University of Wisconsin
School of Medicine and Public Health

Machine learning techniques may help identify individualized treatments for critically ill patients

Matthew Churpek, MD, MPH, PhD, sitting in his office. Credit: Clint Thayer/Department of Medicine.

As with many situations in critical care medicine, emergency tracheal intubation—in which a plastic tube is advanced through the mouth, past the vocal cords, and into the trachea—allows no room for trial and error, as the already high risk of cardiac arrest and other complications only increases if intubation is not successful on the first attempt. And while there are several methods of endotracheal tube insertion, there are limited data on which will produce a better result for an individual patient.

Fortunately, data scientists like Matthew Churpek, MD, MPH, PhD, associate professor, Allergy, Pulmonary and Critical Care Medicine, and co-lead of the UW ICU Data Science Lab, are investigating how machine learning—training computers to learn and problem solve through algorithms—might better predict individual treatment outcomes in advance, in turn making those treatments more personalized and effective.

A new study led by Dr. Churpek in collaboration with colleagues at Vanderbilt University and published in the American Journal of Respiratory and Critical Care Medicine demonstrates the potential of machine learning by applying it to data from a clinical trial on intubation techniques.

Bougie or stylet?

The new study examined data from a recent multicenter randomized trial (the BOUGIE trial) of 1,102 patients. The BOUGIE trial compared the effects of the two devices used to guide the endotracheal tube—the stylet (a malleable metal instrument) and the bougie (a flexible plastic rod)—and found that the latter did not increase the likelihood of successful first-time intubation, even among predetermined subgroups of patients.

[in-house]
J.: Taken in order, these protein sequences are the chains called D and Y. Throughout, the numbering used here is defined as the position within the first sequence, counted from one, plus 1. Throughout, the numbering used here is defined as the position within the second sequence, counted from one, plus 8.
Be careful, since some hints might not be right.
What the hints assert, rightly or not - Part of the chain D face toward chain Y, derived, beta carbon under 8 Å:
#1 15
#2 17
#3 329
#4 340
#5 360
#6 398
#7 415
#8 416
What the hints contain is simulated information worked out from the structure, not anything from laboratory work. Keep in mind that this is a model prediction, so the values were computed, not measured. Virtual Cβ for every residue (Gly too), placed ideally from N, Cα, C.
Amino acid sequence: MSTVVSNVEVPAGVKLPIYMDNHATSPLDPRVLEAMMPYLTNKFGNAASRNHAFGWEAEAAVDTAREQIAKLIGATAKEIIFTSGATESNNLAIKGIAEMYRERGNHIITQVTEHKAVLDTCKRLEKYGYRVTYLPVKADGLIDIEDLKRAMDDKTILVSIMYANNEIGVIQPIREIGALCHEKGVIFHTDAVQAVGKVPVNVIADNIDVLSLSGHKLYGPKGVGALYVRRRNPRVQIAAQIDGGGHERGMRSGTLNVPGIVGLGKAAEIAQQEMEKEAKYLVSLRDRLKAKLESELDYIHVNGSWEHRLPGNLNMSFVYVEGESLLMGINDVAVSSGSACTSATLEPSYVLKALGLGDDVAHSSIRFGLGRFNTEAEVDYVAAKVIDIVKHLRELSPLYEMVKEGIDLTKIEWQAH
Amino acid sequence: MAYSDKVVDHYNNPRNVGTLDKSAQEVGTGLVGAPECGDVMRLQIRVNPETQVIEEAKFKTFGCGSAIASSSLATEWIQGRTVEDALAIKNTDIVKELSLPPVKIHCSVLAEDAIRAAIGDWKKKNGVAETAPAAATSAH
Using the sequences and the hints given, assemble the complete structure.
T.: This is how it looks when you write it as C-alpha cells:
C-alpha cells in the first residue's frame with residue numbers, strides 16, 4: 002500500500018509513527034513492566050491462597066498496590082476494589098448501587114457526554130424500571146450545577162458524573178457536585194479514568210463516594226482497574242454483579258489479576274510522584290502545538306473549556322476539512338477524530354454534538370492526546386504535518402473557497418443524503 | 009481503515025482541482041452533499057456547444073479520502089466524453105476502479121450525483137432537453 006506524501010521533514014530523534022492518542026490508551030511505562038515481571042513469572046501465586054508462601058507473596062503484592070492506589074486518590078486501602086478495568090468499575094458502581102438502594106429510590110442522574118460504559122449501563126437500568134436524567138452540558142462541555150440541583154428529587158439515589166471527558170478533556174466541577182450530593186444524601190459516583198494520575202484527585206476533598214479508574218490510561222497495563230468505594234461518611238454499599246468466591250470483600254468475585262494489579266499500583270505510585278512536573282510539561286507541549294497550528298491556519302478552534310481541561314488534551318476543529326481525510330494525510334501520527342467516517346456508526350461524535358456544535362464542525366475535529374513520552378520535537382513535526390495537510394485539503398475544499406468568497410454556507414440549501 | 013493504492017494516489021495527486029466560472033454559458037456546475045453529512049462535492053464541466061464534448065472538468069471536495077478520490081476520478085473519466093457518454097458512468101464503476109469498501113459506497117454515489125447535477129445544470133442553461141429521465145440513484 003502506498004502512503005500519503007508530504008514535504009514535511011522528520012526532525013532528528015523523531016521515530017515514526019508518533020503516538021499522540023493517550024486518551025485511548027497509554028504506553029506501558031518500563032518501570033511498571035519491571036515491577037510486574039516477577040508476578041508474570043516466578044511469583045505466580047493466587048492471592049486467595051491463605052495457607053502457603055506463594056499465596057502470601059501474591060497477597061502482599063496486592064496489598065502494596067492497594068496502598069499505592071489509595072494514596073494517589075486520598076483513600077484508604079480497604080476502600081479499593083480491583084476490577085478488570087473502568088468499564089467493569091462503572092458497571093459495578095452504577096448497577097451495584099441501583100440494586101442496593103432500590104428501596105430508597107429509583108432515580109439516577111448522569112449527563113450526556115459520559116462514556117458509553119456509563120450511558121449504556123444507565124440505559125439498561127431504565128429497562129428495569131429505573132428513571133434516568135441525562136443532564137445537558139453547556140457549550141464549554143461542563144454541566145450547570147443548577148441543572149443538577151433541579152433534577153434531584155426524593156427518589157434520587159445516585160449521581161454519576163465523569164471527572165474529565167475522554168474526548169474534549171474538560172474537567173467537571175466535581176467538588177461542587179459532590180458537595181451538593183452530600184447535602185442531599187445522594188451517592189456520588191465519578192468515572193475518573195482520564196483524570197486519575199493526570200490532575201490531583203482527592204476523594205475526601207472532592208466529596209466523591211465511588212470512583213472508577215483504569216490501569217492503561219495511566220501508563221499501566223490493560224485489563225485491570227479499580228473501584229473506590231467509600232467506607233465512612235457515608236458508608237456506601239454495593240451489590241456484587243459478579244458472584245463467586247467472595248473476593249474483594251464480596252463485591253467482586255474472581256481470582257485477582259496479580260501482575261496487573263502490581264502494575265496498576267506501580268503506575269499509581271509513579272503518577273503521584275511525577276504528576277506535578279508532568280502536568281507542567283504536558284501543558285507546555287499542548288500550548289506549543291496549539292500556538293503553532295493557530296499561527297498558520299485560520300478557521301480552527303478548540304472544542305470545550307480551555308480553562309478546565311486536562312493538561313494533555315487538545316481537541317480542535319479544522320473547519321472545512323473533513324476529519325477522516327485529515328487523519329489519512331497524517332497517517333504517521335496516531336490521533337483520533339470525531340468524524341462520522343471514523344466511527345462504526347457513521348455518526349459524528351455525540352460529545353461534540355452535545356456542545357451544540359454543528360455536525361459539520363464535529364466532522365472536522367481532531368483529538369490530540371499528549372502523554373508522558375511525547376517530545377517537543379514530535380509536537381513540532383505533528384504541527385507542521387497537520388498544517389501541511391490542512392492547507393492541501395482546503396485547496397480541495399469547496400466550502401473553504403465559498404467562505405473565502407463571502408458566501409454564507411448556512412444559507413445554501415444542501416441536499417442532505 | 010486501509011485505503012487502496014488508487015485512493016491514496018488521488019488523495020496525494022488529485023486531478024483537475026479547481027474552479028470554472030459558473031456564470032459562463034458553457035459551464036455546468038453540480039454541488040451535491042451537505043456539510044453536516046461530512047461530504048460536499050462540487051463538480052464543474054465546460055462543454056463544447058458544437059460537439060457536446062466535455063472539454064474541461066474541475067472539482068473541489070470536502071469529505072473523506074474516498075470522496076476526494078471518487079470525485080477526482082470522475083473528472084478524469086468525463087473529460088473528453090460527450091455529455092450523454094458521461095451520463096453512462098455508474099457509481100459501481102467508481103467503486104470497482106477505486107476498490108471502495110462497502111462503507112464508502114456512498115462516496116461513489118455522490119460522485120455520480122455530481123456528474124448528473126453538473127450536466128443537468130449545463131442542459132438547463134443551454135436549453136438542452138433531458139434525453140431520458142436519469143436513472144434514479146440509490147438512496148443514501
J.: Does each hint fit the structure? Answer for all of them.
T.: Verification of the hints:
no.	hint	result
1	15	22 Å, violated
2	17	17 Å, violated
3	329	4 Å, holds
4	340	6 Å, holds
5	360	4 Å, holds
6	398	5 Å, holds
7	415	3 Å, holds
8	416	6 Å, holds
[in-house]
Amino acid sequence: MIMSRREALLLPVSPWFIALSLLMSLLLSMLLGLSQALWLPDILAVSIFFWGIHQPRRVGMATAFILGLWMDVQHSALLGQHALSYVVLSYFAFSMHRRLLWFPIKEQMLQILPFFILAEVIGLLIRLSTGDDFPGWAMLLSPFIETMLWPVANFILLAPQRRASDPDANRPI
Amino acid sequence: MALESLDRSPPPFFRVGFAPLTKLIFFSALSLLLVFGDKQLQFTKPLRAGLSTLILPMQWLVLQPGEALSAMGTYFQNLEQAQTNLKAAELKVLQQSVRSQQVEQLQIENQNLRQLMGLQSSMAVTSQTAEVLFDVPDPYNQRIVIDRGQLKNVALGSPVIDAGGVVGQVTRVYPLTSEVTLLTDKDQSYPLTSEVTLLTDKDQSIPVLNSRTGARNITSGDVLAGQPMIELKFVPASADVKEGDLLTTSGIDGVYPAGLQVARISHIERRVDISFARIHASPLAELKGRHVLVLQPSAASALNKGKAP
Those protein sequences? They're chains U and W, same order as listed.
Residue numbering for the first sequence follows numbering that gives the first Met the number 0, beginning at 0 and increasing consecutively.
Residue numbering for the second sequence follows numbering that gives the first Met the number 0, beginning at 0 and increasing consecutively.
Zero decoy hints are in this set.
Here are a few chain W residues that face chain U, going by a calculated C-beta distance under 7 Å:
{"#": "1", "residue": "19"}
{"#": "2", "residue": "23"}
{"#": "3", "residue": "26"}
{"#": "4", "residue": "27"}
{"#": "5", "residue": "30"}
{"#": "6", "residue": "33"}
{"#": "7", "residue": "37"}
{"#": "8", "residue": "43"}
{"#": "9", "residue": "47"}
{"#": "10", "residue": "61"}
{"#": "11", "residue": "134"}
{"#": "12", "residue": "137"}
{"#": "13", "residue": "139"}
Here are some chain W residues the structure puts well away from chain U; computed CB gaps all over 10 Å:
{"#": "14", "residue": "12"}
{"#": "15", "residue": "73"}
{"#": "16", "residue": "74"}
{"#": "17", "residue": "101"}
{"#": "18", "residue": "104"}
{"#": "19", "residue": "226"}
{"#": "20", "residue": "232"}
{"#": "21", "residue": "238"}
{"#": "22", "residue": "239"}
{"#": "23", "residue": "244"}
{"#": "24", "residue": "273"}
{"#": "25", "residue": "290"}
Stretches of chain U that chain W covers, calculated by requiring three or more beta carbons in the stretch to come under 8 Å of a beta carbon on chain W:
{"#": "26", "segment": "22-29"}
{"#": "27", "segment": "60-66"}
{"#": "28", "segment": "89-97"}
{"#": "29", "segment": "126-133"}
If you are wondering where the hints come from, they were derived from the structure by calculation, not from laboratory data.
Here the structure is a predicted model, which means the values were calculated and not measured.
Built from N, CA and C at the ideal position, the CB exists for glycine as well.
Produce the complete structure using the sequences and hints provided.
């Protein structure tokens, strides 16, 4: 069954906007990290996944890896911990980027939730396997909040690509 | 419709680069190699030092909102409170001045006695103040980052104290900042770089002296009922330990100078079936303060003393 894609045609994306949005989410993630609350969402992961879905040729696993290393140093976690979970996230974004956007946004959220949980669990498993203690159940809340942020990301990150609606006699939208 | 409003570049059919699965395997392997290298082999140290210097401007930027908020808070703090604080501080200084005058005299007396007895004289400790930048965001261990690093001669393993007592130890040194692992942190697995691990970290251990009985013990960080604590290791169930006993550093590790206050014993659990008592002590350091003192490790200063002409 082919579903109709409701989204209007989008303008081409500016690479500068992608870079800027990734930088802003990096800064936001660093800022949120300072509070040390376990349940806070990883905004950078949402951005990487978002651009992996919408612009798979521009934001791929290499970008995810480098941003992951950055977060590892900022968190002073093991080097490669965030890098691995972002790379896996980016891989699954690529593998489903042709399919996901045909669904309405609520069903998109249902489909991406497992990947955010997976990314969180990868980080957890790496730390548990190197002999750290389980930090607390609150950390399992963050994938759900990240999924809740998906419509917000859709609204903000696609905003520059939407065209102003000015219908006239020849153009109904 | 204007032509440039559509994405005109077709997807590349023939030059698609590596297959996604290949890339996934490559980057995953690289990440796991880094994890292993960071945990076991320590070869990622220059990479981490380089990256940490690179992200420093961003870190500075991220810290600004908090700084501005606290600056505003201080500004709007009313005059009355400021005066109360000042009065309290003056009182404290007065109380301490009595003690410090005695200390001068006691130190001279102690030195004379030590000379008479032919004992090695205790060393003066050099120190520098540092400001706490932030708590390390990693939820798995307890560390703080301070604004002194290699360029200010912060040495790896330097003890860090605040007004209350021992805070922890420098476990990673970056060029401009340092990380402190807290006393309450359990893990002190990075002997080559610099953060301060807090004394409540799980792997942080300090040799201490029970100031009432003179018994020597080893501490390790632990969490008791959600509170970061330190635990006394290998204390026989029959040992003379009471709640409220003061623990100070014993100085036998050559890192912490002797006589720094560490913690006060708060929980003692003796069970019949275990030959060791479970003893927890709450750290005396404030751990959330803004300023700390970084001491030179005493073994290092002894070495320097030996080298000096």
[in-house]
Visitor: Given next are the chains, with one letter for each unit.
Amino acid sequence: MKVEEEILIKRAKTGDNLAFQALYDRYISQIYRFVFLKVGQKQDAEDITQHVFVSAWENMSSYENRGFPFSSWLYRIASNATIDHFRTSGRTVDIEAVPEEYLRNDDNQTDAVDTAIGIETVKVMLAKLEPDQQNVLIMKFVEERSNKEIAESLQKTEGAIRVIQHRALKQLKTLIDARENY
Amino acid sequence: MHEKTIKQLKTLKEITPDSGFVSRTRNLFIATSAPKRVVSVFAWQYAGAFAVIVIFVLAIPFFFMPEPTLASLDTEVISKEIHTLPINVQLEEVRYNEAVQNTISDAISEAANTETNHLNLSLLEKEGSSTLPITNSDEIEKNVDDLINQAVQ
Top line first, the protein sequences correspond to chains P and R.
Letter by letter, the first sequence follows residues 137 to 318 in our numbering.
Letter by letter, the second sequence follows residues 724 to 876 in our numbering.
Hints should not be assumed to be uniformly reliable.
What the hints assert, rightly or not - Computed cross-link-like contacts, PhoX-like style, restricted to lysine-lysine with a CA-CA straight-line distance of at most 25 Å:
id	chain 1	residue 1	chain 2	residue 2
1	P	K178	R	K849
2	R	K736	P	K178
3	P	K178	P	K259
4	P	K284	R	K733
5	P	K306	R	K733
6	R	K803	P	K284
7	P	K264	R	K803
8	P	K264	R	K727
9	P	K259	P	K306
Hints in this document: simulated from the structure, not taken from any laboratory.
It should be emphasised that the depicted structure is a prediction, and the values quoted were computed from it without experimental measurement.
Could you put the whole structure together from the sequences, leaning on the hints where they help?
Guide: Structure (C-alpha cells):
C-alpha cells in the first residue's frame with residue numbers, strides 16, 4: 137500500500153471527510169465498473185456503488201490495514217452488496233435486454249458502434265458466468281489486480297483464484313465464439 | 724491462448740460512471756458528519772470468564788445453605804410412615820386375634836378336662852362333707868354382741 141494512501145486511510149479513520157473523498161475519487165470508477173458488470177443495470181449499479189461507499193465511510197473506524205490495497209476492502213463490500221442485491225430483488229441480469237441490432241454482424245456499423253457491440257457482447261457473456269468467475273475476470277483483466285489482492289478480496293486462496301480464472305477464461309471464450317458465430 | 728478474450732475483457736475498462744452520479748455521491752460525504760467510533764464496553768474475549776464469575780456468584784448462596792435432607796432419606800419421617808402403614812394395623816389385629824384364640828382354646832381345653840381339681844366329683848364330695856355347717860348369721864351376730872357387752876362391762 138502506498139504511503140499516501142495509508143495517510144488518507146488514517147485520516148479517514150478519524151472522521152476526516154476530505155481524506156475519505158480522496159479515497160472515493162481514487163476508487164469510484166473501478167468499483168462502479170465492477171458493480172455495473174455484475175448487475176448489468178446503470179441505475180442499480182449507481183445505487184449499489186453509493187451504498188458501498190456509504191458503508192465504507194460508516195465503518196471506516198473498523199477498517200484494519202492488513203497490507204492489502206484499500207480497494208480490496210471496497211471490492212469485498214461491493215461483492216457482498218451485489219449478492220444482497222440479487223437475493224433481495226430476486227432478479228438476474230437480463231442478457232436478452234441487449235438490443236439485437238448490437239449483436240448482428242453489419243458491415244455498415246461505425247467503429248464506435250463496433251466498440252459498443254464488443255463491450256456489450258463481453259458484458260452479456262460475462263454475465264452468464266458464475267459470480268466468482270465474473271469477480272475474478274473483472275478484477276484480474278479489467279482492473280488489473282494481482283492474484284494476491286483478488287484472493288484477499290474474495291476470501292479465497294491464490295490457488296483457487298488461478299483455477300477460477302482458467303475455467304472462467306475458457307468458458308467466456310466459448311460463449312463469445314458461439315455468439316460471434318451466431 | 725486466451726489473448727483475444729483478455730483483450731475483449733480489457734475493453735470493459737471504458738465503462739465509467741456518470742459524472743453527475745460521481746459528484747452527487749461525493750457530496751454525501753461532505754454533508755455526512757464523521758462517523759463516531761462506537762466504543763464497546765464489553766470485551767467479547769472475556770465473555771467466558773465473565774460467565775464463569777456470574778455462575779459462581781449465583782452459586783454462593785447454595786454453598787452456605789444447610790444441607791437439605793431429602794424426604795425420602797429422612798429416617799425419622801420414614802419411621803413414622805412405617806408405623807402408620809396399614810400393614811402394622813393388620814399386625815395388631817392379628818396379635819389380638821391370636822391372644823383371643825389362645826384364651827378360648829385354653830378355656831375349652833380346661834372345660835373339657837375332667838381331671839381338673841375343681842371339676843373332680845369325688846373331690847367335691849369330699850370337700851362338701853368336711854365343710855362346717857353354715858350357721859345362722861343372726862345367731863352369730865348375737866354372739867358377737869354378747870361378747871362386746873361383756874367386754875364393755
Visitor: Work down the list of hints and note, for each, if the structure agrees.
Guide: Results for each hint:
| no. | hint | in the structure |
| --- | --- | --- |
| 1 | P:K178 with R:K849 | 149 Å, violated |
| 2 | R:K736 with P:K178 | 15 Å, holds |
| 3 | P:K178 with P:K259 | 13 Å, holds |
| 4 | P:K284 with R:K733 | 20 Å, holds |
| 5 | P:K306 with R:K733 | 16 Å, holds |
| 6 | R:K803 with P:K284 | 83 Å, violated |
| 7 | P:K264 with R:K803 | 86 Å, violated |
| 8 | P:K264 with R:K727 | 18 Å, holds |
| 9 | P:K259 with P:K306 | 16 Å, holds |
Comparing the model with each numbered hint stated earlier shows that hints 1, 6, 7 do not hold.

The BOUGIE trial is typical of clinical trials in that it presents the average treatment effect of two methods across all participants, although the treatment effect for individuals may be different based on their characteristics. Calculating individual treatment effects in a way that goes beyond a single variable—male versus female, etc.—requires a separate analysis that is beyond the scope of most studies. That is where machine learning comes in.

Dr. Churpek and his colleagues wanted to see how certain baseline patient variables—such as difficult airway risk factors, body mass index, and severity of illness—modified the effect of using a stylet or bougie on each patient. To do so, they used the BOUGIE trial data to develop a causal forest model—which resembles thousands of “if/then” causal decision trees.

“For example, a 55-year-old male smoker with high blood pressure has their own individualized treatment effect,” explains Dr. Churpek. “That treatment effect is likely going to be different from the one for a 25-year-old female who’s a nonsmoker with no past medical history. The model learns those individualized treatment effects from the data and uses them to predict these effects in new patients.”

The study’s model identified BOUGIE participants who, contrary to the average treatment effect, would have had better outcomes with the bougie. It also identified those who would have had better outcomes with the stylet. For example, it identified a quarter of patients who would have had a 5% higher rate of first-pass intubation success with a bougie and another quarter of patients who would have had an over 20% higher success rate with a stylet.

Broader implications

These results—and the causal forest model itself—could help identify patients likely to benefit from one method of tracheal intubation over another, which could improve patient outcomes.

“With further validation and testing, one possible use for this model is having it embedded in the electronic health record,” says Dr. Churpek, “where the provider inputs a patient’s baseline characteristics directly into the electronic health record and the model outputs a prediction for them in real time.” This could assist clinicians in making more personalized treatment decisions at the bedside.

More broadly, the study underscores the potential of using machine learning to perform retrospective analysis on clinical trials that had previously been filed away as insignificant.

“Re-investigating these trials could unlock a much more nuanced, richer picture,” Dr. Churpek concludes. “Ultimately, I think, this approach could lead to greater precision medicine and better outcomes for individual patients.”

To learn more about the study and its impact, read the accompanying editorial in the American Journal of Respiratory and Critical Care Medicine, or listen to this podcast episode from the American Thoracic Society featuring Dr. Churpek and the study’s first author, Kevin Seitz, MD, MSc, from Vanderbilt University.

Banner: Dr. Churpek in his office. Credit: Clint Thayer/Department of Medicine.